The Liberals became a recognizable political party in the mid-19th century. Dedicated to the extension of civil rights and social welfare, they were the principal opposition to the Conservative Party until the rise of Labour in the early 20th century. The Social Democratic Party (SDP) was formed in 1981 by former Labourites who were dissatisfied with that party’s domination by leftists and trade union officials. Almost from the very founding of the SDP, the Liberals and Social Democrats were allied with each other, presenting themselves as the alternative to a polarizing choice between radical Labourites and Conservatives. The Alliance, as it was sometimes called, polled 25 percent of the popular vote in the 1983 general election, raising speculation that it might break the “two-party mold” of British politics. But the party was hampered by internal tension and the anomalous effects of Britain’s first-past-the-post electoral system, and it won only 23 of 633 seats in the House of Commons. The Alliance gained 23 percent of the vote in 1987 but still suffered from the electoral system and widespread criticism that it lacked a coherent identity and program and an effective leadership. On March 3, 1988, the two parties formally merged as the Social and Liberal Democratic Party, and in 1989 the party adopted the present name.
Paddy Ashdown, a former Liberal and a member of Parliament for Yeovil (Somerset), was elected the first leader of the new party in July 1988. Ashdown’s avowed strategy was initially one of “equidistance” between Labour and the Conservatives. He sought to ensure that the new party fully supported free-market economics and was not encumbered by predilections for controversial policies, such as wage and price controls, to reduce unemployment. At the same time, he laid out a program that had a radical and reformist edge.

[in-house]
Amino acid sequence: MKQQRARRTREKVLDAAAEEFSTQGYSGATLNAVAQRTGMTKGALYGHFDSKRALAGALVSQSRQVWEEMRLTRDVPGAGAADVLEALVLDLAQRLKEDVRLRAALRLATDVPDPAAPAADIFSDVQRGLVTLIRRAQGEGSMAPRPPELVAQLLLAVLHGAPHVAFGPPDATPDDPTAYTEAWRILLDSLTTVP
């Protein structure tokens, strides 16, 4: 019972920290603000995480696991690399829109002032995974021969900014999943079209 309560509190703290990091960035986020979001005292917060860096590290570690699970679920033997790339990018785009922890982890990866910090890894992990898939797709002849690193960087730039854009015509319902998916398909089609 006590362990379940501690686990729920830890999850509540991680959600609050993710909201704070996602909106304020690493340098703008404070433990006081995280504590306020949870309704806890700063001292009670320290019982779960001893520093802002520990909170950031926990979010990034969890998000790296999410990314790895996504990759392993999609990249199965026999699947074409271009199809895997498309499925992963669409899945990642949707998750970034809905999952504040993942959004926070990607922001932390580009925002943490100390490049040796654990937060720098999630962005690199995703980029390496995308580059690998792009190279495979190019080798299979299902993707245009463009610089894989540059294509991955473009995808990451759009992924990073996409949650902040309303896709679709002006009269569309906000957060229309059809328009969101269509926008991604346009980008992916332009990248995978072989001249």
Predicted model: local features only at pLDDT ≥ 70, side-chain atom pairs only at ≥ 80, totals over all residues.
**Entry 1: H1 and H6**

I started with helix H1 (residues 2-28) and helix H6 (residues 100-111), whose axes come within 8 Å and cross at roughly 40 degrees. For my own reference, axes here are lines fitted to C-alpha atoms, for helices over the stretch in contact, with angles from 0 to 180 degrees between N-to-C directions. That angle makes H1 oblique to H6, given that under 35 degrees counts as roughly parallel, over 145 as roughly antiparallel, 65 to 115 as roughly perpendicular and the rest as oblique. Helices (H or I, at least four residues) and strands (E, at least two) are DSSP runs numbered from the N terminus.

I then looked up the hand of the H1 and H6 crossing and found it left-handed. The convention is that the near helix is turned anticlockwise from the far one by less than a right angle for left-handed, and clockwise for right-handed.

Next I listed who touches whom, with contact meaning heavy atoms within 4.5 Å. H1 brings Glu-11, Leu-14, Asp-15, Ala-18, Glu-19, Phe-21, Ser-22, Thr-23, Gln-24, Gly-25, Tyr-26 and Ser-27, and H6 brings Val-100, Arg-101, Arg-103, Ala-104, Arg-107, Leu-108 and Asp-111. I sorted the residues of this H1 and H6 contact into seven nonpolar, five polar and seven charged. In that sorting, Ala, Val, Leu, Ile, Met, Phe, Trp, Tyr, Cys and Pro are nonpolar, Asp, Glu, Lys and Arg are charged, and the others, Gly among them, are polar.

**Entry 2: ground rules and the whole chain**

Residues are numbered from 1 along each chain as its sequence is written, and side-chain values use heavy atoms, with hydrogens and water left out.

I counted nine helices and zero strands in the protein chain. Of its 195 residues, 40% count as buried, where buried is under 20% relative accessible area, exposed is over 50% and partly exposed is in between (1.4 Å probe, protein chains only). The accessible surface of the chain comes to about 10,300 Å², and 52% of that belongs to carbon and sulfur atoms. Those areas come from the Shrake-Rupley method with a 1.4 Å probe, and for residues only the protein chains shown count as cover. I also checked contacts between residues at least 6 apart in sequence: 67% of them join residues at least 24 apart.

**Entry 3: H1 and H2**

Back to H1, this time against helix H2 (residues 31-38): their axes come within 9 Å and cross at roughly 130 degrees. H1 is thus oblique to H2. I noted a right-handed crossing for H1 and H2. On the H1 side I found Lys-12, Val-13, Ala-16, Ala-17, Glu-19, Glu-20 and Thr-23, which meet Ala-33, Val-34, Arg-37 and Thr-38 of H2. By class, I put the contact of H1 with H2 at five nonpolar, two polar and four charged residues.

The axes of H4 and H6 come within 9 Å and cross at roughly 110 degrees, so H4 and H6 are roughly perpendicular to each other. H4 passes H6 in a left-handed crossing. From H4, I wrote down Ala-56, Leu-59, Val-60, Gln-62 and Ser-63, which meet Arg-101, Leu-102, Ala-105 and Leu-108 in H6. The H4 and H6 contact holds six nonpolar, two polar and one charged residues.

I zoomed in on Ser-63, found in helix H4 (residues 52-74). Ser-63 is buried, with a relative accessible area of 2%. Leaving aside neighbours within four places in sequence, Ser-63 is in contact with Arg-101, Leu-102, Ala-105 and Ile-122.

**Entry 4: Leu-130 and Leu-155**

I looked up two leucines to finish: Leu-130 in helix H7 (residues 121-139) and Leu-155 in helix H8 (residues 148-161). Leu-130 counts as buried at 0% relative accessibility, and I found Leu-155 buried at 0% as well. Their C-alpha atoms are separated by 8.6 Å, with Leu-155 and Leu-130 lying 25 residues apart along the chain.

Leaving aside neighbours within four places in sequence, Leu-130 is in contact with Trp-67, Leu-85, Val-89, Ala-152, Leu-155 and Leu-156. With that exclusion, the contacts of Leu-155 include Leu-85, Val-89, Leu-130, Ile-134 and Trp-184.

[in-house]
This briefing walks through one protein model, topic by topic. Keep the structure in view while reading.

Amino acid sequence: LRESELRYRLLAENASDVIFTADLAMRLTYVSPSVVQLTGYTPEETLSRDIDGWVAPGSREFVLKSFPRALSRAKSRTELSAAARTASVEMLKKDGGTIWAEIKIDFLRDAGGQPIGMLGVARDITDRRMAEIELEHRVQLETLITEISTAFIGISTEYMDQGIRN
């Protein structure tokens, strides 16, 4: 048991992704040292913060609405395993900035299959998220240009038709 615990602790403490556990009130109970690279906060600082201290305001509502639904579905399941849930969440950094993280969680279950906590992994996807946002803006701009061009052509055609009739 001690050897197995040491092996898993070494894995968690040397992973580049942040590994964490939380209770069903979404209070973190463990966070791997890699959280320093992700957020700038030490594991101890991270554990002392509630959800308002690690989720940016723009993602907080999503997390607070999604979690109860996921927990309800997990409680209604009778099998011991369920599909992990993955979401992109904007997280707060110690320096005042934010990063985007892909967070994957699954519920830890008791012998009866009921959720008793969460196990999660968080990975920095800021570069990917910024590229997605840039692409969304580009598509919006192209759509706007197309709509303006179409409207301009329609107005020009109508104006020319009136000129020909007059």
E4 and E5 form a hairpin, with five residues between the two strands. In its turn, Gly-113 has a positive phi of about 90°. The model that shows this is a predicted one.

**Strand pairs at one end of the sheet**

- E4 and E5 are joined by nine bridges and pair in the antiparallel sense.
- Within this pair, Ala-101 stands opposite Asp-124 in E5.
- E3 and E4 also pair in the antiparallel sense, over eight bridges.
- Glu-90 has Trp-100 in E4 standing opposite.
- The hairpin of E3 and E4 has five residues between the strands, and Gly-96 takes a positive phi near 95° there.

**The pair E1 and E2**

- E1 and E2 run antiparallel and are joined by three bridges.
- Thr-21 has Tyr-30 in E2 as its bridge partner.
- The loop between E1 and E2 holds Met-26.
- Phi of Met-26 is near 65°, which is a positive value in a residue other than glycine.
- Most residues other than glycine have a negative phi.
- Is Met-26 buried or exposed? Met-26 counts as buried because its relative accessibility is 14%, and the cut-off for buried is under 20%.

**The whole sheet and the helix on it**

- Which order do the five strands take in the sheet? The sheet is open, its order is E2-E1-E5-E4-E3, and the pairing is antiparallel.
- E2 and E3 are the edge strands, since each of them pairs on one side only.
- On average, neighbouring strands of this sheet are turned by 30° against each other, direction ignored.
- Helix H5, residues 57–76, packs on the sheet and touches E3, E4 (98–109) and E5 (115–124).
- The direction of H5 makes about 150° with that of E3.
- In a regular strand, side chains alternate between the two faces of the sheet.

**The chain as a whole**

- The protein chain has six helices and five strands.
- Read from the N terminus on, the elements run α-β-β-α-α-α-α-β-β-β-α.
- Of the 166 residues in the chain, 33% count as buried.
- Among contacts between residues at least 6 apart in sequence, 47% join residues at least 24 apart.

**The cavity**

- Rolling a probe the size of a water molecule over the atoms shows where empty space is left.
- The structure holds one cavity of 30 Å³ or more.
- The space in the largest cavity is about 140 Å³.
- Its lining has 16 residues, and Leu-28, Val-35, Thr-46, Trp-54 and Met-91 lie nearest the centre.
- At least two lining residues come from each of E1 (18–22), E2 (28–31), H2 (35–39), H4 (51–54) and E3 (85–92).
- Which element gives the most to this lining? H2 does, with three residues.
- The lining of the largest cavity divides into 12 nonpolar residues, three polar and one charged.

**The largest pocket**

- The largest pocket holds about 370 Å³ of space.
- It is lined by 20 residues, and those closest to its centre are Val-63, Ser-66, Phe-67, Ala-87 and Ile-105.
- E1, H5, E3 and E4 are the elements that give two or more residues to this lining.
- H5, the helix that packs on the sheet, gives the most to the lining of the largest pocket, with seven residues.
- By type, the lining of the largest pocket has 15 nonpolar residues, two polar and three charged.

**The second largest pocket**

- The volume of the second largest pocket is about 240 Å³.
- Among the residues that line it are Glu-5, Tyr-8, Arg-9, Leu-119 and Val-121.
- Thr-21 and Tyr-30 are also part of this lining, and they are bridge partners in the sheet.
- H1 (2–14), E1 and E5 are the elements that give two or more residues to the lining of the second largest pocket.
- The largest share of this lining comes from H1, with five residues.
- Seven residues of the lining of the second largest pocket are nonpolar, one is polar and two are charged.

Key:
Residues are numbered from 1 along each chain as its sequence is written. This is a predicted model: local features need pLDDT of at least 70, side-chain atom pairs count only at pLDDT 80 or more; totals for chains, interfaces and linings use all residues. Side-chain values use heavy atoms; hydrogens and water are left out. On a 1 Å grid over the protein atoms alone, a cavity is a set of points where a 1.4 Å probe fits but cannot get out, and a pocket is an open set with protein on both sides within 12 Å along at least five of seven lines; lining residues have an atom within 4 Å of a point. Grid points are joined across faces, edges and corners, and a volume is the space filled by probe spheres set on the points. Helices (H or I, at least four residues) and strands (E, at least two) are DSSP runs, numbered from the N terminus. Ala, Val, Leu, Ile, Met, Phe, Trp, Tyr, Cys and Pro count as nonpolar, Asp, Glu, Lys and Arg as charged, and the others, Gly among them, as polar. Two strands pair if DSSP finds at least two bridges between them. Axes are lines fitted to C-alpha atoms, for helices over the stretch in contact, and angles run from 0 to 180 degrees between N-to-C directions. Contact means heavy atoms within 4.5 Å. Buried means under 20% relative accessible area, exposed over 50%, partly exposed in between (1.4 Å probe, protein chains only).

The initial portents for such an approach were far from promising. The Liberal Democrats won only 6 percent of the popular vote in elections to the European Parliament in June 1989 and trailed badly in national opinion polls. In the early 1990s, however, a series of encouraging by-election results and Ashdown’s growing popularity boosted the party’s fortunes, though the Liberal Democrats won only 18 percent of the vote (20 seats) in the 1992 general election. Between 1992 and 1997, the Liberal Democrats scored stunning by-election victories and increased their support in local elections; at the depth of the Conservative Party’s unpopularity, the Liberal Democrats became the second largest party (after Labour) in local government. The Liberal Democrats’ major breakthrough at the national level came in the 1997 general election, in which they benefited from a sophisticated targeting of campaign resources on a limited number of constituencies. Although they won only 17 percent of the national vote, they more than doubled their parliamentary representation to 46 seats.